Puppies are cute, furry, cuddly and a wonderful addition to your family.  Puppies are also curious, they like to chew, and they will quickly become attracted to anything that smells like you.  Consider them to be like a toddler with four feet instead of two and teeth that can chew through an armor-plated tank.  And just like toddlers, they need to be supervised.

While there is no such thing as a totally puppy proofed home, here are a few suggestions that will help make raising a puppy a lot more fun and a lot less stressful:

- Get a Puppy’s Eye View:  That’s right, get down on the floor and get a good look at what will be in your puppy’s line of sight.  That will give you a good idea of what they’ll be looking at and what might look very tempting to their inquisitive teeth.

- Trash:  Puppies really enjoy snacking on stuff we humans find disgusting.  Things like dirty diapers, tissues, spoiled food, batteries, chicken bones and food wrappers.  Just about everything in your trashcan is potentially hazardous to your puppy so keep it secure and covered.

- Electrical Cords & Outlets:  Not only do puppies chew but they also lick.  Be sure to keep electrical cords, charger cords and surge protectors out of your puppy’s reach.  And because they like to lick and their tongues are always on the move, cover your un-used electrical outlets just in case.

- Cleaning Supplies and Outdoor Chemicals:  While more and more companies are coming out with pet friendly items, cleaning supplies as well as automotive and outdoor chemicals can be very poisonous if ingested by your puppy.  That includes pest control supplies like mouse and rat poison.  Keep all of these items out of your puppy’s reach and preferably behind latched doors.

- Bags:  Puppies are curious.  They like to sniff around in handbags, gym bags, lunch bags, back packs, and diaper bags.  These bags often contain items that are choking hazards, medications, foods that are potentially poisonous and lots of other dangerous items.  Keep them out of your puppy’s reach and everyone will be happy.

- Medications:  It is best to consider all medications as potentially deadly for your puppy.  Also realize that a child proof container is not a puppy proof container.  Your puppy can chew through a child proof container with no trouble at all.  Keep your medications in a cabinet or a drawer that is out of reach of your puppy.

- Toilet Lids:  If you typically leave your toilet lid up, now is a good time to get in the habit of putting it down.  Not only is the water in your toilet unhealthy for your puppy, but you also want to minimize the risk of your puppy falling into the toilet or dropping its favorite toy into the toilet.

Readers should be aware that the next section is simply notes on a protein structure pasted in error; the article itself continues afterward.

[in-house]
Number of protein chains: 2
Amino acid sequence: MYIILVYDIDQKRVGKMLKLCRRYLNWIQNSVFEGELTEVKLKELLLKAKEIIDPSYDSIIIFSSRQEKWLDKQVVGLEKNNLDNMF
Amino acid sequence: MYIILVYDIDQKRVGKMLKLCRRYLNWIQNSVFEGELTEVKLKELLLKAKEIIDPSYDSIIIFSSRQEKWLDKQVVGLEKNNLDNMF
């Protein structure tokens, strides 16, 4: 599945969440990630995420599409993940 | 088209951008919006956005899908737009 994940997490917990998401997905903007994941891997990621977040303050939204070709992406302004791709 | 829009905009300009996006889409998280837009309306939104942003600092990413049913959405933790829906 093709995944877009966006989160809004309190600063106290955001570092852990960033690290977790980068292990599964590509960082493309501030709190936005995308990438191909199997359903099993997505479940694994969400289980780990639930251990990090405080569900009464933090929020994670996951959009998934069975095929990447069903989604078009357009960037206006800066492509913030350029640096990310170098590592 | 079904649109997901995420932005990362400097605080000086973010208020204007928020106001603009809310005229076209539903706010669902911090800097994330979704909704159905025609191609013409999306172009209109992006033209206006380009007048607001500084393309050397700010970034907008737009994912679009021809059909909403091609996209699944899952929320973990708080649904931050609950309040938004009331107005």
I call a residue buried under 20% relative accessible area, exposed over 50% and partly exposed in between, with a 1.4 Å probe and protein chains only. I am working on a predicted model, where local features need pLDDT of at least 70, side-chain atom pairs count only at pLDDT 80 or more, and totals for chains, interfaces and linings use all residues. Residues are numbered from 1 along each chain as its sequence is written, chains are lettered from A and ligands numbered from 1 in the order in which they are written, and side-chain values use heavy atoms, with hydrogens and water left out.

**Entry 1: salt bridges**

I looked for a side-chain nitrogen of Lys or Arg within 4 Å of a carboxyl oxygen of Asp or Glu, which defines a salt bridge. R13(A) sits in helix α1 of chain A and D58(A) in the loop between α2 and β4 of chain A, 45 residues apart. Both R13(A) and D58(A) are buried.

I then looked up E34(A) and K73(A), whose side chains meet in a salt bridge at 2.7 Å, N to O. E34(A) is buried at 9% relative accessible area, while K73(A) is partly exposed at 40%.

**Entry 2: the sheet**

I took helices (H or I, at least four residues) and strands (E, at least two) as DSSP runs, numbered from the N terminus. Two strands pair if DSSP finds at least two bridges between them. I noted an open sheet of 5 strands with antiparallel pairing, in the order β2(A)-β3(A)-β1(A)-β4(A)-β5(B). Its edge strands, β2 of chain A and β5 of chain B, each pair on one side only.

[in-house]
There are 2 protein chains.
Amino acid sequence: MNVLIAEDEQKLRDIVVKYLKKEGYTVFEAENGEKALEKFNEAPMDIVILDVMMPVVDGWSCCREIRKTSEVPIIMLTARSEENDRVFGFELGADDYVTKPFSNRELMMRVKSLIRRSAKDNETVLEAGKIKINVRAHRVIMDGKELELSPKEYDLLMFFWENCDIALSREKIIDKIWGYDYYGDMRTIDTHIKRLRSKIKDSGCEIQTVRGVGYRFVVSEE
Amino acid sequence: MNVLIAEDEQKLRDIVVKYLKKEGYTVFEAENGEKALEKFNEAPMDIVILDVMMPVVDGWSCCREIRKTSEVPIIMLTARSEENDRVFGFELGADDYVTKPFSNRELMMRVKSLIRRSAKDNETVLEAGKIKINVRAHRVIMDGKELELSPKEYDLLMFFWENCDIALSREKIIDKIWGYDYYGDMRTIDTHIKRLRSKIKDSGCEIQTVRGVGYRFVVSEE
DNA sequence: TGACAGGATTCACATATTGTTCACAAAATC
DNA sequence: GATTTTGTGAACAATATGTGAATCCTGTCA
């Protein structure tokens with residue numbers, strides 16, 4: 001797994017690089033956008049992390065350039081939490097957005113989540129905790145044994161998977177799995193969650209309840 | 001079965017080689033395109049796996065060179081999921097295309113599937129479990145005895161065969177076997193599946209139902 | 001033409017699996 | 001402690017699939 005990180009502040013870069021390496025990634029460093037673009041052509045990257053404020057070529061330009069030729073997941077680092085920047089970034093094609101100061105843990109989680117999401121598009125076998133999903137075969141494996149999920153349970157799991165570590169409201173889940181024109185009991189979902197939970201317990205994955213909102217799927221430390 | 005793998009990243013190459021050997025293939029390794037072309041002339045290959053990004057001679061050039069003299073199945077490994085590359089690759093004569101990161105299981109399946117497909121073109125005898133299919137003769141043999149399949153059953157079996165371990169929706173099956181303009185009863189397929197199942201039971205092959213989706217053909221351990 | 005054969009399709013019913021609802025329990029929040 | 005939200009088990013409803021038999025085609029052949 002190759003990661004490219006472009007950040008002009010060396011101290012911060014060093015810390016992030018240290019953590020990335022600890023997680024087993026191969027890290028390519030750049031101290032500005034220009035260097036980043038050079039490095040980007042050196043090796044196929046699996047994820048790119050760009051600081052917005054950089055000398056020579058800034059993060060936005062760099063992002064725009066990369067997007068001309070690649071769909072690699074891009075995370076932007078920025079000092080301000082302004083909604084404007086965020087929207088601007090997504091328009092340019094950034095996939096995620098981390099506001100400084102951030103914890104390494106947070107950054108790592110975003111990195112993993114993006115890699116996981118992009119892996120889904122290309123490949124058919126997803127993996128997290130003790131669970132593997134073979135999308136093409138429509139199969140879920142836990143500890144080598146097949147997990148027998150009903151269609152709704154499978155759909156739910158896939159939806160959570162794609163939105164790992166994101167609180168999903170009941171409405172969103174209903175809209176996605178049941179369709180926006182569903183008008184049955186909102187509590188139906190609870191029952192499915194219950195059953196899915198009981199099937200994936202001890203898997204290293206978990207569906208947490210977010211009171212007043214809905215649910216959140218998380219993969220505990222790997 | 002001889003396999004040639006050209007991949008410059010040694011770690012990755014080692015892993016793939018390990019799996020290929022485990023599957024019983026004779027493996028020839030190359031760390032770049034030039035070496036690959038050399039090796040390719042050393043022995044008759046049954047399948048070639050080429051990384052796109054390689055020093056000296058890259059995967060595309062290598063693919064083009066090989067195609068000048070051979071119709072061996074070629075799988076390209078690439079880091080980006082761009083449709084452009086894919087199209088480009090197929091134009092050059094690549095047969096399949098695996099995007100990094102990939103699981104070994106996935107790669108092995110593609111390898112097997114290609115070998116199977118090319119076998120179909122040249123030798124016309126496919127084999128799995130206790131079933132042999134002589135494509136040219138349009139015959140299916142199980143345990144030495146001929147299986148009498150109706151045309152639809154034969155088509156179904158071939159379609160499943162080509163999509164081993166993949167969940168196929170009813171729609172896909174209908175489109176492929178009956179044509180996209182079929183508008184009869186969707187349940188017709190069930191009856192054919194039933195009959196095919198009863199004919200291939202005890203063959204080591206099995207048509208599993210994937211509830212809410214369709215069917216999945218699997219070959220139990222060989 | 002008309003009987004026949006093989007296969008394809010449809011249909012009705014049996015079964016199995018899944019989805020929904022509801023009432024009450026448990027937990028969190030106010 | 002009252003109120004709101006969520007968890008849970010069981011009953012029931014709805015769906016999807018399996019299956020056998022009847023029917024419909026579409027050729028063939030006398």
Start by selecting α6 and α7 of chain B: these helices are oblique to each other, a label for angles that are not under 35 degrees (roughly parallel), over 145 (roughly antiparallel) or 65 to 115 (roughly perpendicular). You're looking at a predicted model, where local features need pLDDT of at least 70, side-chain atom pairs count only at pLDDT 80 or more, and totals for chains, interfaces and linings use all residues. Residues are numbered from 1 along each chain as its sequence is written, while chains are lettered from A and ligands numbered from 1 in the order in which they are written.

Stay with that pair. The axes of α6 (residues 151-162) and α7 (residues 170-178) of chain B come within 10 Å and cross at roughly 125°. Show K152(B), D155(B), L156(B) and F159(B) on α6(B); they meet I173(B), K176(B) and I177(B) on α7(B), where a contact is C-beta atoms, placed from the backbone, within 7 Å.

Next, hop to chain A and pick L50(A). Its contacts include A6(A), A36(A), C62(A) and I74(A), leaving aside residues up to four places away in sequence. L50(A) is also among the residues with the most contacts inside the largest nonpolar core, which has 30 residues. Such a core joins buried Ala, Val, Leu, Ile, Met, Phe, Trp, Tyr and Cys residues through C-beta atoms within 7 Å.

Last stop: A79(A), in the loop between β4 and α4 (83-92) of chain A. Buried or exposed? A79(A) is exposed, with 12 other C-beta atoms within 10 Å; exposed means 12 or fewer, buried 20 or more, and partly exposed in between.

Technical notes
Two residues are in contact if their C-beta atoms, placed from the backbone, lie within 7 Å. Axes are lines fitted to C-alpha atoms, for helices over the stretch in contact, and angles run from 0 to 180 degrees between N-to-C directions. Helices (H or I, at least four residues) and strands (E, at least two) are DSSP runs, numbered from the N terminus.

- People Food:  A good rule of thumb is not to give your puppy people food.  More importantly, there are many foods that are potentially poisonous for your puppy.  The ASPCA publishes a list of potentially poisonous foods.  That link can be found at the end of this article.

- Plants:  Plants can be both a poison and a choking hazard for your puppy.  Simply keeping them out of your puppy’s reach will help keep your puppy safe.  See also the ASPCA link at the end of this article.

- Crate:  A quality puppy crate will be one of your wisest investments for not only puppy proofing your home but also providing your puppy with a safe and happy place while you are away.  

- Pick Up After Yourself:  Secure and put away belongings including small objects, cell phones, tablets, remotes, craft items, etc.  If your puppy can’t get to it, then he/she will not be able to chew on it.

One last note:  We humans have a tendency to drop stuff.  When you have a puppy, it’s important to always be on the lookout for items on the floor that could threaten their safety.  This includes things that could be potentially poisonous or a choking hazard like candy, medications, dropped food, buttons, batteries, paper clips and more.  Your curious puppy will want to check these items out and staying watchful will go a long way in protecting your new friend.

ASPCA Poison Control: https://www.aspca.org/pet-care/animal-poison-control